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IEDs not new threat to U.S.

172 incidents reported in last 6 months, though most are ‘non-terror related’

WASHINGTON – The two explosions that killed three people and wounded more than 170 Monday in Boston were dramatic, the deadliest bombing in the United States since April 19, 1995, when a truck loaded with fertilizer blew up outside the federal building in Oklahoma City, killing 168. But the method of attack wasn’t particularly surprising to anti-terrorism experts: a homemade bomb that officials refer to as an improvised explosive device.

In fact, in the last six months, 172 IEDs were reported in the United States, according to a government count that an official revealed Tuesday in an answer to questions about U.S. preparedness. The official shared the figures, which were gathered before Monday’s explosion, on the condition that neither the official nor the official’s office be identified.

The official shared information in an email that indicated most American IED attacks were small: “Homemade fireworks, childish pranks and other such non-terror related activities.”

But the information also notes that U.S. officials have long understood the threat, and includes a warning that has been distributed to other agencies: “Expect IED attacks by Homegrown Violent Extremists (HVEs) and individuals to continue throughout the United States. High profile events will present additional targets for HVEs and other individuals.”

The bombs in Boston were more powerful and deadlier than any seen in the United States in years. Even so, initial reports from investigators indicate that they were made using gunpowder or black powder as an explosive, not higher-grade and more-dangerous explosives such as C-4, a military-grade plastic explosive.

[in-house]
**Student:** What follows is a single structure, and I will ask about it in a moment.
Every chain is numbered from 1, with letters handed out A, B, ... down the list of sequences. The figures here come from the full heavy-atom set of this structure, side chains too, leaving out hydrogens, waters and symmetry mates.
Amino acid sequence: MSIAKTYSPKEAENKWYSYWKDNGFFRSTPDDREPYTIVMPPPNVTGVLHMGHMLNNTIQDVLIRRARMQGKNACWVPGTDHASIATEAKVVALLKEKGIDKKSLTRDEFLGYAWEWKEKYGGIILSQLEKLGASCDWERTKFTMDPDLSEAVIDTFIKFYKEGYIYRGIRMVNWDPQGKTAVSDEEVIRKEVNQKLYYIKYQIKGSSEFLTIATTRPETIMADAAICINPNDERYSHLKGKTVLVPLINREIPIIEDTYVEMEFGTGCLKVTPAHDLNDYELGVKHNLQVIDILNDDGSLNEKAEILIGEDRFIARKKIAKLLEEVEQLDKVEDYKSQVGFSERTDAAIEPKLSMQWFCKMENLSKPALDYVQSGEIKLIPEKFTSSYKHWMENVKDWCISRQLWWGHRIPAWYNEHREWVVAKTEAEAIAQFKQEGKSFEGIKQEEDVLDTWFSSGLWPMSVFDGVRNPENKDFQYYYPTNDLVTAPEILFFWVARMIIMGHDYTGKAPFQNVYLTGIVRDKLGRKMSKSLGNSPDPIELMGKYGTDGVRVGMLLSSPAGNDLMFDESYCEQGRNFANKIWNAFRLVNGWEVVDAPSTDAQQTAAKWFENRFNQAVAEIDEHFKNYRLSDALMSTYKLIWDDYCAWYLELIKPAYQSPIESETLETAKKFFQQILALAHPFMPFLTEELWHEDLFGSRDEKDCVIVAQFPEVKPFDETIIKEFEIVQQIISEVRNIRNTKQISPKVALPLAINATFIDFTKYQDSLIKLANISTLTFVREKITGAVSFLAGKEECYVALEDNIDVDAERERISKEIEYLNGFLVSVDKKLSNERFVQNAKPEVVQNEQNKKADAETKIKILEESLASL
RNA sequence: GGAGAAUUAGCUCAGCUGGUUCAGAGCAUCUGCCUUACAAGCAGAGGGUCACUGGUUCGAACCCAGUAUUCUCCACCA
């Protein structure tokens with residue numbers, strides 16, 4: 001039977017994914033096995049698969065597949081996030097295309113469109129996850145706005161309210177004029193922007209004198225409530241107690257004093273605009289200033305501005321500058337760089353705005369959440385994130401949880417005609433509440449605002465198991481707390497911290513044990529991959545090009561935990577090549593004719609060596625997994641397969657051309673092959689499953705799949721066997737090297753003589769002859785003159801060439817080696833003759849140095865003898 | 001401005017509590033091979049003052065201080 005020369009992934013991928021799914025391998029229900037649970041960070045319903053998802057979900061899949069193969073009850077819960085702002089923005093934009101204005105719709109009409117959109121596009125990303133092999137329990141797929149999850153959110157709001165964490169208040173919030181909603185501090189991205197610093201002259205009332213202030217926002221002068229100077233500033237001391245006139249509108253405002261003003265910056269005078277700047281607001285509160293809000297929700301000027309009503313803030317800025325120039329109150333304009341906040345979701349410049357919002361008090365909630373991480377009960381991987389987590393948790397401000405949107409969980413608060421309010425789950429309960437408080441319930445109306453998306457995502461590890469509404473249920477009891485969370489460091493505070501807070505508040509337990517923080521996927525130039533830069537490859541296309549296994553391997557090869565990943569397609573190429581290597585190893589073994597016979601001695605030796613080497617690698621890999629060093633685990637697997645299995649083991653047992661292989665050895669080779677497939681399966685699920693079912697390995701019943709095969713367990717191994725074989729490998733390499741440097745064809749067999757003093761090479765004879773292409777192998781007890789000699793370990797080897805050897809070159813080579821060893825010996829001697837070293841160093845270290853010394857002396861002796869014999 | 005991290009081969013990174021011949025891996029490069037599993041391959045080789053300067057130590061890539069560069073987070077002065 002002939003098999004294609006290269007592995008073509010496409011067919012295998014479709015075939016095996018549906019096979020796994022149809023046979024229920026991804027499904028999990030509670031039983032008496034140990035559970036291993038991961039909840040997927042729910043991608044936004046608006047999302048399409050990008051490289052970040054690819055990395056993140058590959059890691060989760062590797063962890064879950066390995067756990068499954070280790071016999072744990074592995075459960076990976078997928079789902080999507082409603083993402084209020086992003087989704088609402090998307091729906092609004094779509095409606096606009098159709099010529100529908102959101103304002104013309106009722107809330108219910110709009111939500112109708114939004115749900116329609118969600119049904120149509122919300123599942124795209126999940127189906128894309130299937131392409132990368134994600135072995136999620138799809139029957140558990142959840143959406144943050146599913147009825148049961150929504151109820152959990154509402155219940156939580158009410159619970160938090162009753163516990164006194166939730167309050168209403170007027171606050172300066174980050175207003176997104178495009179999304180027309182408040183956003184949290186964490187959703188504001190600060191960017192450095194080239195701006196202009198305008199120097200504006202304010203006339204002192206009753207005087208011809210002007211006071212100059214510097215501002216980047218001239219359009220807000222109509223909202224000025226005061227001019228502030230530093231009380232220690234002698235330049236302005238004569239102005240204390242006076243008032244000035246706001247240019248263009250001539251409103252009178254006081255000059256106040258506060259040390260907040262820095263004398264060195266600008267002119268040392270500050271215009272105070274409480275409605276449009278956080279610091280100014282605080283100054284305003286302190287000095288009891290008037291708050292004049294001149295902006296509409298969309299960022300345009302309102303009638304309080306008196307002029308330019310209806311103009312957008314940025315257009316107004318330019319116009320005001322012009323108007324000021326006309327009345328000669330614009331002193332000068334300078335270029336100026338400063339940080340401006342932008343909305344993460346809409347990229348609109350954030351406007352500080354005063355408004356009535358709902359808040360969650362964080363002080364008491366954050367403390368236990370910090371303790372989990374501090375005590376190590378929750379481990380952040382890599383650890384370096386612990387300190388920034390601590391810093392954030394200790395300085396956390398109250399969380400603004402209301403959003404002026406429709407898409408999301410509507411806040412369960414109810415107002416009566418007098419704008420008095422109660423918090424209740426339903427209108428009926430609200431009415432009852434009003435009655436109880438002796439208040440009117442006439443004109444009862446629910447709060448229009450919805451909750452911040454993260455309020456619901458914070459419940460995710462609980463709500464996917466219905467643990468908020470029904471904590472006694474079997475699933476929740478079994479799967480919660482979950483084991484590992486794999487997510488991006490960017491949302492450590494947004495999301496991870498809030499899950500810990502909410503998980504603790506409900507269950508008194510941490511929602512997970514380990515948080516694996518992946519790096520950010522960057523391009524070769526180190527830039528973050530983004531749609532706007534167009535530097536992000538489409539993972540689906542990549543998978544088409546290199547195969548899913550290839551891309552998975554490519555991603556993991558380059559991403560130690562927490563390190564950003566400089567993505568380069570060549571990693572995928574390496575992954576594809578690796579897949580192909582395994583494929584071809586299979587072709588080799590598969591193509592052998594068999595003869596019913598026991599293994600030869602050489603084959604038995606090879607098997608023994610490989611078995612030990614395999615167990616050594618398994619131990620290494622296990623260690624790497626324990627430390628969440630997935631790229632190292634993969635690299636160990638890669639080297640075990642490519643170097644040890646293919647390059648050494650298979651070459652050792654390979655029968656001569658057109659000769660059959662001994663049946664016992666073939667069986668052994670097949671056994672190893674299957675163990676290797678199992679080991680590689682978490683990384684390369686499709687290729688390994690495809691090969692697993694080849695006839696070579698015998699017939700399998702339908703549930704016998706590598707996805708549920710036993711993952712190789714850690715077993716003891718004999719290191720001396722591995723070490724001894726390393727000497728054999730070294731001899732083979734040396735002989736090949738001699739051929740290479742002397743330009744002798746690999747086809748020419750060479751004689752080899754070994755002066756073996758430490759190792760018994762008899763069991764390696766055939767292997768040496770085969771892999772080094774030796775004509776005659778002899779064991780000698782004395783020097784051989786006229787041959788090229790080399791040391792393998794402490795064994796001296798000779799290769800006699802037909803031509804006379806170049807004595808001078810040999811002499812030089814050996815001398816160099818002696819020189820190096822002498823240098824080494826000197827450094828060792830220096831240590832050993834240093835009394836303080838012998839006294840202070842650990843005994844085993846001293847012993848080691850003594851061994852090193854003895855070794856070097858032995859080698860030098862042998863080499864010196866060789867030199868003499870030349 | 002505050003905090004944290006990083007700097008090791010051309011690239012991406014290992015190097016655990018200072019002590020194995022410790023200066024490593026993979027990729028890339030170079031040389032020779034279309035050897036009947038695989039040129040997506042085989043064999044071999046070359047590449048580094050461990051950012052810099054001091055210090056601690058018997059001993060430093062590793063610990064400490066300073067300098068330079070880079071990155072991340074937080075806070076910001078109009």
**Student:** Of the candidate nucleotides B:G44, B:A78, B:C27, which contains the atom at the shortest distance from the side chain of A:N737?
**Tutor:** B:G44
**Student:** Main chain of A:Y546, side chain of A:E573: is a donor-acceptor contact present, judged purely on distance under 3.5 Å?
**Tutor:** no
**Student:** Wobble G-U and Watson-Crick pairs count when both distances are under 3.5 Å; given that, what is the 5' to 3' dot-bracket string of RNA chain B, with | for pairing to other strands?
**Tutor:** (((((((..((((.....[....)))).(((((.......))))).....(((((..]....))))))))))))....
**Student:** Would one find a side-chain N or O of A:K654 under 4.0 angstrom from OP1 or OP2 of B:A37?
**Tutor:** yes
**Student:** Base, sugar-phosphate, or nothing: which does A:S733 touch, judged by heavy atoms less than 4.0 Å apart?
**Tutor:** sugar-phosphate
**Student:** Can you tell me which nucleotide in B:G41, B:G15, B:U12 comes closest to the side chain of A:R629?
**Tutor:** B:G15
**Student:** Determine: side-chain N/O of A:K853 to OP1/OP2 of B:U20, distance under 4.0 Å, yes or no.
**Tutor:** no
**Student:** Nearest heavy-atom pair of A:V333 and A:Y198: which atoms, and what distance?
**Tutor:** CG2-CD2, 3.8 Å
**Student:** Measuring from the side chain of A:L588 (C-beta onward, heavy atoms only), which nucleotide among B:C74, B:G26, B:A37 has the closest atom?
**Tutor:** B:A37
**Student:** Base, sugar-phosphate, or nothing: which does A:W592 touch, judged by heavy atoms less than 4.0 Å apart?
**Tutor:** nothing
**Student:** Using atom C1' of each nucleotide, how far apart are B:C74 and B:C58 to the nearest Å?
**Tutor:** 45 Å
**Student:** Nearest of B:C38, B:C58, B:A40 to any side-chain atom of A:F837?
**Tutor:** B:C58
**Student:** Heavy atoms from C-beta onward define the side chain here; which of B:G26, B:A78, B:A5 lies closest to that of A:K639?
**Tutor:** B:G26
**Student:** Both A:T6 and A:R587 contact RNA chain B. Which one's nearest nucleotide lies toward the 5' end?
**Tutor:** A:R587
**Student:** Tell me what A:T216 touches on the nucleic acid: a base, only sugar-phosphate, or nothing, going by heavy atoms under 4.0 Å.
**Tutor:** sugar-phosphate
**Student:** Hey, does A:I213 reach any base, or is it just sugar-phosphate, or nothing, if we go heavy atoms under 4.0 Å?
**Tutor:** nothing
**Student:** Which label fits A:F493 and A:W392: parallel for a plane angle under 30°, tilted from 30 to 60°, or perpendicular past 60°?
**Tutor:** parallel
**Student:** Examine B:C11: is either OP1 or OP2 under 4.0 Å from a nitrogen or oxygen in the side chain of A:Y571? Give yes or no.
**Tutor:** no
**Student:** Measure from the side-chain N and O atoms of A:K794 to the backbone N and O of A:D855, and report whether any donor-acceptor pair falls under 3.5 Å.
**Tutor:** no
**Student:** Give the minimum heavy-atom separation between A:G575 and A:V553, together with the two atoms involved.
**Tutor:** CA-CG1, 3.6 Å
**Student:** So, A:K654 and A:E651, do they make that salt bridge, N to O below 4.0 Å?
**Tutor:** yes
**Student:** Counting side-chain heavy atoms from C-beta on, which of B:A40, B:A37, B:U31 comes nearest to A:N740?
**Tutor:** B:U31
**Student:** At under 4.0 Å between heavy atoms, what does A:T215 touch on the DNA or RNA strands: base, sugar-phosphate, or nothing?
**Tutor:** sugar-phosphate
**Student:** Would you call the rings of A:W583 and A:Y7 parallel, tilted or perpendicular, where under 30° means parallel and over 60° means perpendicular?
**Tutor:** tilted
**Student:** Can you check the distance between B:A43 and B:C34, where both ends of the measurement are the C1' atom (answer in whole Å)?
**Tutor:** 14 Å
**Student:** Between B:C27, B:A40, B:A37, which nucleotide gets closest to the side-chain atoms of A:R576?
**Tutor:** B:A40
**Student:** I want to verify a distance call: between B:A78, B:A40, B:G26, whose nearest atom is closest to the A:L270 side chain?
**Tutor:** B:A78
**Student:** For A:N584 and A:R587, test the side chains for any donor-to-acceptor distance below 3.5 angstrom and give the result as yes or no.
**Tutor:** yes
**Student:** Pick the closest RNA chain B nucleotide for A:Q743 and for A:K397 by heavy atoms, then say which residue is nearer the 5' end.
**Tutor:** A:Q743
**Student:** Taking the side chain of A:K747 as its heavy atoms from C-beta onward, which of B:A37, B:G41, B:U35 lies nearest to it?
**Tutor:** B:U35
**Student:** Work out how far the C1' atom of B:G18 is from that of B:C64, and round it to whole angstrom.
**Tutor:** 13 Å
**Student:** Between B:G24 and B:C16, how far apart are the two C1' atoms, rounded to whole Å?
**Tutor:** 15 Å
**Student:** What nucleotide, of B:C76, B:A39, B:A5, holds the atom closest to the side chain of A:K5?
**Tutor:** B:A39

The explosives were apparently packed into two pressure cookers, an increasingly popular container for bomb-makers from Pakistan to the United States. A pressure cooker bomb allegedly was discovered in the Killeen, Texas, hotel room of a soldier absent without leave from Fort Campbell, Ky., who later was convicted of plotting a 2011 attack on Fort Hood, Texas.

Officials say that with the growth of Internet instruction videos on bomb making, little stands between someone wanting to make a low-grade weapon and being able to do so.

The use of pressure cookers as bomb shells has become so common that some Internet sites call them “trendy.”

Pressure cookers reportedly were used for bombs during the civil war in Nepal in the 1990s, and they were the method for a series of railcar bombings on July 11, 2006, in Mumbai, India, that killed more than 200 people.


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